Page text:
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  • Data warehouse-as-a-service startup Snowflake comes out of stealth

    Stealth startup Snowflake is clandestine no longer, throwing off the wraps Tuesday morning with the announcement of a $26 million series B funding round and the rollout of a flagship product, which it's calling the "elastic data warehouse."

  • Samsung delivers fix for SSD slowdowns

    One of Samsung's most affordable consumer solid-state drives is experiencing read slowdowns with older data, a problem the company has now addressed with a firmware upgrade and installation guide.

  • Researcher creates proof-of-concept worm for network-attached storage devices

    Network-attached storage (NAS) devices are riddled with vulnerabilities that can put the security of sensitive data and networks at risk, a researcher has found. To prove his point, he has created a proof-of-concept worm that can infect devices from three different manufacturers.

  • Kickstarter suspends Anonabox Tor router project

    Kickstarter has suspended the crowdfunding campaign of a Tor-enabling wireless router that gained widespread media attention as a privacy device for the masses but left others questioning its legitimacy.

  • Researchers to meet with aid workers to build Ebola-fighting robots

    Robotics researchers from around the country are working together to come up with technology that could help fight the deadly Ebola outbreak.

  • Where giant companies are in their cloud journeys

    CIOs at Humana, Progressive, Vanguard, Western Union and other huge companies talk candidly about where they are with cloud computing -- some are "all in" with all things cloud, others are proceeding more cautiously with, say, public cloud for specific types of apps -- and some of the lessons they've learned along the way. Skills development, avoiding vendor lock-in and security issues are all on their minds, too.

  • CIOs adopt down-to-earth Cloud strategy

    CIOs are taking a pragmatic approach to Cloud computing, selectively launching SaaS applications and shifting infrastructure resources to IaaS platforms while building their own private Clouds.

  • Box buys medical image viewing vendor to boost vertical industry push

    Box has acquired a medical image viewing startup as part of its strategy to beef up its cloud storage and document management capabilities for health-care companies.

  • Samsung begins mass production of 3-bit 3D NAND chips

    Samsung Electronics on Wednesday announced that it has begun mass producing the industry's first 3-bit, multi-level-cell (MLC) three-dimensional (3D) NAND flash memory for use in solid state drives (SSDs) for PCs and other devices.

  • The BadUSB exploit is deadly, but few may be hit

    Nine years ago, I created what I believe was the world's first USB worm. By playing around with a USB thumb drive and placing a hidden file on it, I was able to make any computer in which the "infected" USB drive was plugged into automatically spread the file to the host computer, then back again when a new USB device was plugged in.

  • Are e-health records at fault for Ebola mistakes?

    A Dallas man who became the first person diagnosed with Ebola in the U.S. has died. And while the hospital that treated him has retracted a claim that its electronic health records (EHR) system contributed to a lapse in his diagnosis, experts are skeptical that the system worked properly.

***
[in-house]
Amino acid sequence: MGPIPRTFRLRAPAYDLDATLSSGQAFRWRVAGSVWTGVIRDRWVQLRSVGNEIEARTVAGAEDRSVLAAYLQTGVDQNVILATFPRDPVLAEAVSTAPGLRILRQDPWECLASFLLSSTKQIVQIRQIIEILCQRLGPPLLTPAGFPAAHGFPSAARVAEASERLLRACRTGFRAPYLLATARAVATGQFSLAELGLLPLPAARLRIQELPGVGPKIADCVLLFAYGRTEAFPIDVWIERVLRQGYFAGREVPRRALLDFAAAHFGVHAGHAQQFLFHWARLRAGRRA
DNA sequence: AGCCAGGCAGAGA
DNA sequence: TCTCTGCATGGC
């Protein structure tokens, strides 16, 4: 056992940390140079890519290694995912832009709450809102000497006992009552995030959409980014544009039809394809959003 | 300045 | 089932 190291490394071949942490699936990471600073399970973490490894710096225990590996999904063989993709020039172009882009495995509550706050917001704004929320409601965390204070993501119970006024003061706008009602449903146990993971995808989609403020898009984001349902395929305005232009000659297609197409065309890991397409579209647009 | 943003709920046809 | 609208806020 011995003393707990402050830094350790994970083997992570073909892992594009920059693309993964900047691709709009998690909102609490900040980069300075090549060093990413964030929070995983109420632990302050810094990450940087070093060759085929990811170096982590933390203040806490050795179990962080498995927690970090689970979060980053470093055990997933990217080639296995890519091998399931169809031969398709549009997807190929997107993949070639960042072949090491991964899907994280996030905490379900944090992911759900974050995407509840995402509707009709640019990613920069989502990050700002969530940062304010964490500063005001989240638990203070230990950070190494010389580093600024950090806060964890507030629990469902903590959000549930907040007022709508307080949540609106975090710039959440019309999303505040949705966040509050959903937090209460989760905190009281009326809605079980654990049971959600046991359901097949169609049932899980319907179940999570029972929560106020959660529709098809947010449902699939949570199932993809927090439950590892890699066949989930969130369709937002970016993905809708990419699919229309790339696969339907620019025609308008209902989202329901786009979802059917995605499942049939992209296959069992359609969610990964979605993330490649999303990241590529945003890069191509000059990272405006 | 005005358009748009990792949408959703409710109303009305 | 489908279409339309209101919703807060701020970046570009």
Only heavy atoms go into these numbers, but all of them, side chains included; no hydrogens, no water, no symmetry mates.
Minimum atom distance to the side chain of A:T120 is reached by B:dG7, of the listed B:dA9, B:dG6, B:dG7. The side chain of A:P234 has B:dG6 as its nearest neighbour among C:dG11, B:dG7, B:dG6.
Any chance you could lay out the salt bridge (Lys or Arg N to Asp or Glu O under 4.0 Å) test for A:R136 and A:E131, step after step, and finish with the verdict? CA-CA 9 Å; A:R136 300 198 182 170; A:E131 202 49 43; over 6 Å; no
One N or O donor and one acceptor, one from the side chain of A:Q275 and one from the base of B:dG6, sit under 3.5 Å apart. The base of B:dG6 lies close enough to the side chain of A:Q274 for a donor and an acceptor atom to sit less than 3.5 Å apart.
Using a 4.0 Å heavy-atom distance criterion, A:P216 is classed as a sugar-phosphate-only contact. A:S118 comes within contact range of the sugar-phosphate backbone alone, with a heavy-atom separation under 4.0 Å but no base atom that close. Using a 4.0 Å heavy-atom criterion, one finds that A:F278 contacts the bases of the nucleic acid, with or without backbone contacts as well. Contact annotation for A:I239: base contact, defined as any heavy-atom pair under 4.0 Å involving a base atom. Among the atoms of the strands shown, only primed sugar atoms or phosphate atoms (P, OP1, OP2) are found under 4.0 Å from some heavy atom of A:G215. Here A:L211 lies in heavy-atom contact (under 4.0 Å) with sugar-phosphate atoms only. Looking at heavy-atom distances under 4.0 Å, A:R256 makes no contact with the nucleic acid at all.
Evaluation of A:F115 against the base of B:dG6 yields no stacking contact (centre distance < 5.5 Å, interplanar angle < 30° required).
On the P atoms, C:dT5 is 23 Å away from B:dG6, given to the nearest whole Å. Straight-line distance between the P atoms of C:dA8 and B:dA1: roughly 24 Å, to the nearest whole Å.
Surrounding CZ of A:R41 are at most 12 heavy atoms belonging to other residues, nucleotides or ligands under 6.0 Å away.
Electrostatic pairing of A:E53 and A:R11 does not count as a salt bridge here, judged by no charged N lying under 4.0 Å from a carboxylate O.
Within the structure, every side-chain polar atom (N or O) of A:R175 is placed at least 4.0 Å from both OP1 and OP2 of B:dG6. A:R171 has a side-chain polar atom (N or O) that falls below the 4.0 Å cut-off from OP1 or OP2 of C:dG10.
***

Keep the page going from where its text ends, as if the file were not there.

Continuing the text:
• Microsoft tightens integration between Outlook Web App and OneDrive for Business

    Microsoft wants to promote the use of OneDrive for Business among Office 365 customers, so it's building links between the work cloud storage service and Outlook Web App (OWA), the suite's browser-based email interface.

  • Rohm shows the Swiss army knife of sensors

    Need a handy device that can secure your smartphone, measure distances and tell you what kind of sun lotion to wear? No? Well someone built one anyway.

  • TDK shows its first MRAM prototype, a competitor for flash memory

    Japan's TDK is showing for the first time its prototype of a new memory chip technology that is seen as a promising replacement for today's ubiquitous flash memory.

  • Symantec reportedly in talks to split into storage and security units

    Taking a cue from Hewlett-Packard and eBay, Symantec is said to be in talks to carve out the company into two entities.

  • Cisco, EMC consortium debuts new Cloud gear

    VCE, the converged infrastructure consortium of Cisco and EMC, this week unveiled new and enhanced data center IT systems, including an all-flash memory platform for mixed workloads.

  • Career advice: Young and willing to move for a good job

    Ask a Premier 100 IT Leader

  • Japan's component makers show the path forward for gadgets

    Resistors, switches and sensors aren't sexy, especially against the bright lights and flashy dance shows competing for attention at this week's Ceatec show in Japan. But if you want to see the future of electronics, the companies that make these humble components are worth a closer look.

  • VCE rolls out an all-in-one system with EMC's all-flash XtremIO array

    VCE is expanding its line of all-in-one cloud systems, adding one with all-flash storage and offering more options for enterprises that want an easier path to the cloud.

  • Seagate, Intel back tech that obliterates redundant data before it's written

    Seagate Technology and Intel's venture capital arm lead a $15 million funding round for Reduxio Systems, a start-up whose technology deletes redundant data even before it's written to a tiered storage system's cache.